The Express TribuneA Pakistani and two British universities have joined hands to benefit from each other’s experiences, exchange knowledge and promote understanding. The University of Swat has signed a memorandum of understanding with Leicester and Brunel universities to enable the exchange of faculty staff and students for academic and training purposes, said a press release issued by the university on Thursday. University of Swat Vice-Chancellor Dr Muhammad Jahanzeb Khan signed both the MoUs during his official visit to the United Kingdom. “Such linkage are no doubt, essential for university students and create a conducive environment for collaborative work in the field of higher education,” he said while talking to The Express Tribune. “The step will go a long way in the field of higher education and for the economic growth for the country,” he added. The academic circles in the valley have appreciated the move, dubbing it a positive step for the future of the newly-born university. “Exchange programmes are not only essential for students’ development but also indispensible for their intellectual growth and maturity,” commented Murad Ali, an educational expert. He opined that local students will benefit from orientation and exposure at foreign universities. “Such exchanges are instrumental in personality development. As students learn about traditional values and diversity of other countries, they get motivated,” Abdul Qayum, a professor at Jahanzeb College told The Express Tribune. “People learn from one another by human contact, they engage in discussions on various topics which change perceptions. This lends them an opportunity to widen their vision about different cultures and viewpoints of people.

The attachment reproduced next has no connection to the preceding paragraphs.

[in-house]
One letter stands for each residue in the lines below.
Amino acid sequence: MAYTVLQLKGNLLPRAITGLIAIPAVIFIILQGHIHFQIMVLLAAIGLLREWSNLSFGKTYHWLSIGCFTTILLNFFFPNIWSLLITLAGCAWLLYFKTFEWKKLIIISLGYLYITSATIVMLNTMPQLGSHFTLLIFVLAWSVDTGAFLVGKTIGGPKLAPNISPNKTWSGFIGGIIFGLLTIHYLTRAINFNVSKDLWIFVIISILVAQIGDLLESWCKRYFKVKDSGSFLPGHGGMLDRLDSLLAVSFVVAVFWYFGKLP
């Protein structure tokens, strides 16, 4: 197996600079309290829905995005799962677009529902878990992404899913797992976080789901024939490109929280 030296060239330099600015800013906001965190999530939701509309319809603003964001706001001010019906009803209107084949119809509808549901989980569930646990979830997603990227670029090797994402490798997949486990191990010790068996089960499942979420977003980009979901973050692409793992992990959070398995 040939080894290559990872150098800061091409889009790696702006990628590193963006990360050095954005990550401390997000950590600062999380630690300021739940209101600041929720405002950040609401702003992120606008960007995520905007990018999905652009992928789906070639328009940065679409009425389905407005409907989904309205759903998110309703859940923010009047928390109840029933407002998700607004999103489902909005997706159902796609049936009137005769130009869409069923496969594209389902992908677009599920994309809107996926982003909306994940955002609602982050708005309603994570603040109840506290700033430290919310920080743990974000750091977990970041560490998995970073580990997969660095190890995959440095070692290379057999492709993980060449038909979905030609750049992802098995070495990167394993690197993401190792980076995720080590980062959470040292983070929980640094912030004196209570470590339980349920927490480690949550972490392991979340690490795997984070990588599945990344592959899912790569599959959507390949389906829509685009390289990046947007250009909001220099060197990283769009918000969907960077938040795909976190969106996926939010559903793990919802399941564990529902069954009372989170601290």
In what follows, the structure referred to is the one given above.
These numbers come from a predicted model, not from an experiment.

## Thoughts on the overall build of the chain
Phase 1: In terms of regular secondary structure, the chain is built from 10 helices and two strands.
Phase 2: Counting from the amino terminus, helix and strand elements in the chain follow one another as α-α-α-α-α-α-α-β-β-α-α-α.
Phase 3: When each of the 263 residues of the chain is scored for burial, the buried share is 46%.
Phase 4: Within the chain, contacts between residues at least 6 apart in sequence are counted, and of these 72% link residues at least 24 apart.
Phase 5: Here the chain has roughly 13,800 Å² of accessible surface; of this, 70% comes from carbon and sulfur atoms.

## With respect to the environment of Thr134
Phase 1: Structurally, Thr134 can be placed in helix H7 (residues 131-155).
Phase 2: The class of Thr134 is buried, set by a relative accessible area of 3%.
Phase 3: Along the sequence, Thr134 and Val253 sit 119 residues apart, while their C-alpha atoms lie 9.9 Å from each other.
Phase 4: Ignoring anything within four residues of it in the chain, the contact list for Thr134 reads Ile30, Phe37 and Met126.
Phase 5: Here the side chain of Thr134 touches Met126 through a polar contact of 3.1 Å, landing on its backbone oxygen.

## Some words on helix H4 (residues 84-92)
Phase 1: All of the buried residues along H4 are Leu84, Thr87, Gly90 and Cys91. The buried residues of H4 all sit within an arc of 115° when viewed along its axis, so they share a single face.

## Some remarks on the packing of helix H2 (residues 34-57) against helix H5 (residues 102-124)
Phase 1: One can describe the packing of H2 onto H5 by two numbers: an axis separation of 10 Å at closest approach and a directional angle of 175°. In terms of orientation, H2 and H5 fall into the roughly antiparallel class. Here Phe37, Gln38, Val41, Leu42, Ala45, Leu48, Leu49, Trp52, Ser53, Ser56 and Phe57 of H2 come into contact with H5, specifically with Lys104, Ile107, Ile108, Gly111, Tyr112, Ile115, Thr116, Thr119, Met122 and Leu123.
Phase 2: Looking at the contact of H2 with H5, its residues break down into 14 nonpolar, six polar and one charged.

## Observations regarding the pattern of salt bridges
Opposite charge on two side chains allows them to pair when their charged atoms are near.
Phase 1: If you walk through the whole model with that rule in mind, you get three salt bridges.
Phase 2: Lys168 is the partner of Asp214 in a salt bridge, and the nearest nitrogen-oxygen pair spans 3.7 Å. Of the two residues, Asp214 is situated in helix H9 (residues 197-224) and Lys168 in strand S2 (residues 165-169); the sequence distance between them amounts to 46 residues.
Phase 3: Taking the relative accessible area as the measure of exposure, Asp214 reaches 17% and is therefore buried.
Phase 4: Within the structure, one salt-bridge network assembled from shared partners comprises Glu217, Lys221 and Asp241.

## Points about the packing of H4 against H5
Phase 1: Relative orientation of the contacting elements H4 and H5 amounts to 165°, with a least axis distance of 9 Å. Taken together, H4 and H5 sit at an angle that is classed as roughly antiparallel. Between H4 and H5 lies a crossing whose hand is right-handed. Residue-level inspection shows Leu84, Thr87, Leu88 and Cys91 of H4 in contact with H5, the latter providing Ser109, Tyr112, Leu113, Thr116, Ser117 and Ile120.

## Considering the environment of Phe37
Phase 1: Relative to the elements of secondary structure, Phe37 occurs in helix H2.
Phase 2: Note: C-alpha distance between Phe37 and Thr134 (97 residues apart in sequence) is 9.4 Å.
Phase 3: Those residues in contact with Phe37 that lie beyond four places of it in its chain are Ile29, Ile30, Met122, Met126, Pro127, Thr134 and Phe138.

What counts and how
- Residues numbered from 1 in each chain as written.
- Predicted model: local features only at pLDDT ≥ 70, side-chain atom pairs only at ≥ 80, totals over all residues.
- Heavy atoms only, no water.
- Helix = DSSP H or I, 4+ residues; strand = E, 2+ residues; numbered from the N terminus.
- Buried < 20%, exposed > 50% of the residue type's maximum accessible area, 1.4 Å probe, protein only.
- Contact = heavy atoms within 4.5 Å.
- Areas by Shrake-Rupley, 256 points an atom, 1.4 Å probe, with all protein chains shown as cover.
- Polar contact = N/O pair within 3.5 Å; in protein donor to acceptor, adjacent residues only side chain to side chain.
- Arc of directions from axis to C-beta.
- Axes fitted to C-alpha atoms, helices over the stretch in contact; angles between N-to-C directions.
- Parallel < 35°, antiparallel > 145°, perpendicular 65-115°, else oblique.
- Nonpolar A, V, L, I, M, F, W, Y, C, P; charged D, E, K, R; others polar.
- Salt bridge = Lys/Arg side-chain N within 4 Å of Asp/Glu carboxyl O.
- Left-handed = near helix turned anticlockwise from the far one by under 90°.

Written by Lal KhanThis year July 5 marked the 35th anniversary of the military coup in Pakistan that toppled the democratic government of Zulfiqar Ali Bhutto in the pitch darkness of the night. This coup was led by General Ziaul Haq who deposed the first PPP government and imposed the most vicious and tyrannous military dictatorship in the country’s history. During the 11 nightmarish years of martial law, the masses of Pakistan suffered the torments and brutalities inflicted in the name of Islam. Thousands were publically lashed and incarcerated in prisons and notorious torture cells. Hundreds were hung on the gallows and innumerable perished in several massacres. In Sindh, the army killed thousands to crush the movement of 1983. In the Colony Textile Mills, in Multan, 133 workers were gruesomely slaughtered by direct firing. Zia was enjoying a wedding feast of the owner’s daughter in a plush villa nearby. Women were specially targeted with draconian Islamic laws like the Hadood Ordinance in which the rape victims were to be flogged for adultery. This barbaric dictatorship was imposed in connivance with US imperialism and was supported by them throughout its vindictive rule. Domestically, the religious parties and the conservative right wing supported it. Jamaat-e-Islami was part of the regime and shared power with Ziaul Haq. Pakistan in this period was transformed into a frightful society where relentless state repression and ruthless obscurantism crushed the masses. The state and the religious vigilantes monstrously intruded into the private lives of citizens. Hypocrisy, deceit, selfishness, treachery and malice became social norms. Islamic fundamentalism was propped up by the state and supported by the US to crush the resistance against the dictatorship. However, there were heroic and determined struggles launched against this despotic dictatorship by the workers and youth. Enormous sacrifices were made. But since its fall not much has changed for the masses. Instead, the social and economic conditions have worsened in many ways. There are important lessons to be learnt from this traumatic experience the oppressed classes had to endure for more than a decade of suffering and gloom. The late 1960s witnessed one revolutionary movement after another. The revolutionary movement of 1968-69 in Pakistan had not only challenged Ayub’s military dictatorship but also the system and state it was protecting. The masses wanted jobs, food, education, healthcare, housing – in other words, an end to their misery and exploitation. Zulfiqar Ali Bhutto and the PPP provided an answer in the form of a programme of revolutionary socialism as opposed to “national or people’s democratic revolution” offered by our brothers and sisters of the left. This programme was synonymous with the fundamental aspirations of the masses in revolt. The intensity of the upheaval was so severe that it threatened the existence of capitalism itself. The region’s ruling classes initially tried to diffuse it through the elections of December 1970 and then even had to instigate a war and the breakup of Pakistan to quell the revolution. The pressure of the uprising and the fear of the revolution were still there and the military had to hand power to Bhutto at the end of 1971 who immediately initiated a rapid programme of the most radical reforms in the history of the country. Unfortunately, the PPP was not a Bolshevik party and hence, it lacked the cadre network and structures to replace the institutions of the bourgeoisie state. In spite of widespread nationalizations, the foreign corporate sector and several other sections of the commanding heights of the economy were left in private hands. The left within the party was slowly purged, land reforms were jeopardised by the bureaucracy of the bourgeois state and, instead, landlords penetrated the party. The old state apparatus remained intact and began to revive its despotic role. This was seen in the aggression of the army in Baluchistan in1974 under the PPP government. In the last analysis, capitalism was not abolished and its burgeoning crisis exploded in hyper-inflation that destabilised and ultimately led to the demise of the PPP government. It culminated in the assassination of Zulfiqar Ali Bhutto on the gallows in April 1979. The ruling classes who had been bruised by Bhutto’s reforms struck back with a bloody vengeance. In his last book, written in his death cell, If I am assassinated, which has acquired the status of his last testament, Bhutto wrote, “I am suffering this ordeal because I sought an honourable and equitable via media [middle road] of conflicting interests... the lesson of this coup d’état is that a via media, a modus vivendi, a compromise is a utopian dream. The coup d’état demonstrates the class struggle is irreconcilable and it must result in the victory of one class over the other. Obviously, whatever the temporary setbacks, the struggle can lead only to the victory of one class.” Paradoxically, the PPP leaders that emerged in the aftermath of Z A Bhutto’s assassination rebuked the founding chairperson’s last testament and the lessons he had drawn in life and death. The regimes of bourgeoisie democracy that followed after Zia’s demise did not change the fundamental policies and the capitalist/feudal system. To preserve and protect this system the ruling classes had imposed the Zia dictatorship that inflicted horrendous atrocities upon the toiling masses. It is not just his odious legacy that prevails in today’s Pakistan but the majority of politicians are former protégés of Ziaul Haq. The irony is that the PPP’s former prime minister, foreign minister and numerous other turncoats imposed in the hierarchy of today’s PPP are products of the nefarious Zia regime. This has resulted in the crushing of society. While the rich accumulate obscene quantities of wealth, thousands of working people fall below the poverty line every day. Corruption, nepotism and crime dominate the political spectrum. The military that became a mercenary force in waging imperialist wars during the Zia era is now indulged in the process of primitive accumulation. Zia initiated religious bigotry and terrorism has become a festering wound on the body politic of Pakistan. This bestial frenzy is being financed by the black capital generated by the narcotics trade that had an income of $30 billion this year, according to UNICEF. Hence, even after his physical elimination, the basic characteristics of Zia’s policies are very much intact. This reflects the real nature of Pakistani capitalism. In these excruciating times, the ruling class through the media is trying to restrict mass consciousness in the conflicts between different sections of the elite and various forms of bourgeois political superstructures. The most destructive feature of a military dictatorship is that it pushes mass consciousness backwards and illusions in a democratic setup of the elite develop in society that undermine the class struggle. Exploitation and agony persists. The harrowing conditions that are tormenting society can only be eradicated when this appalling system is abolished by the redemption of the 1968-69 revolution through a socialist victory, otherwise these revolutions cannot be victorious. The writer is the editor of Asian Marxist Review and International Secretary of Pakistan Trade Union Defence Campaign. He can be reached at email@example.com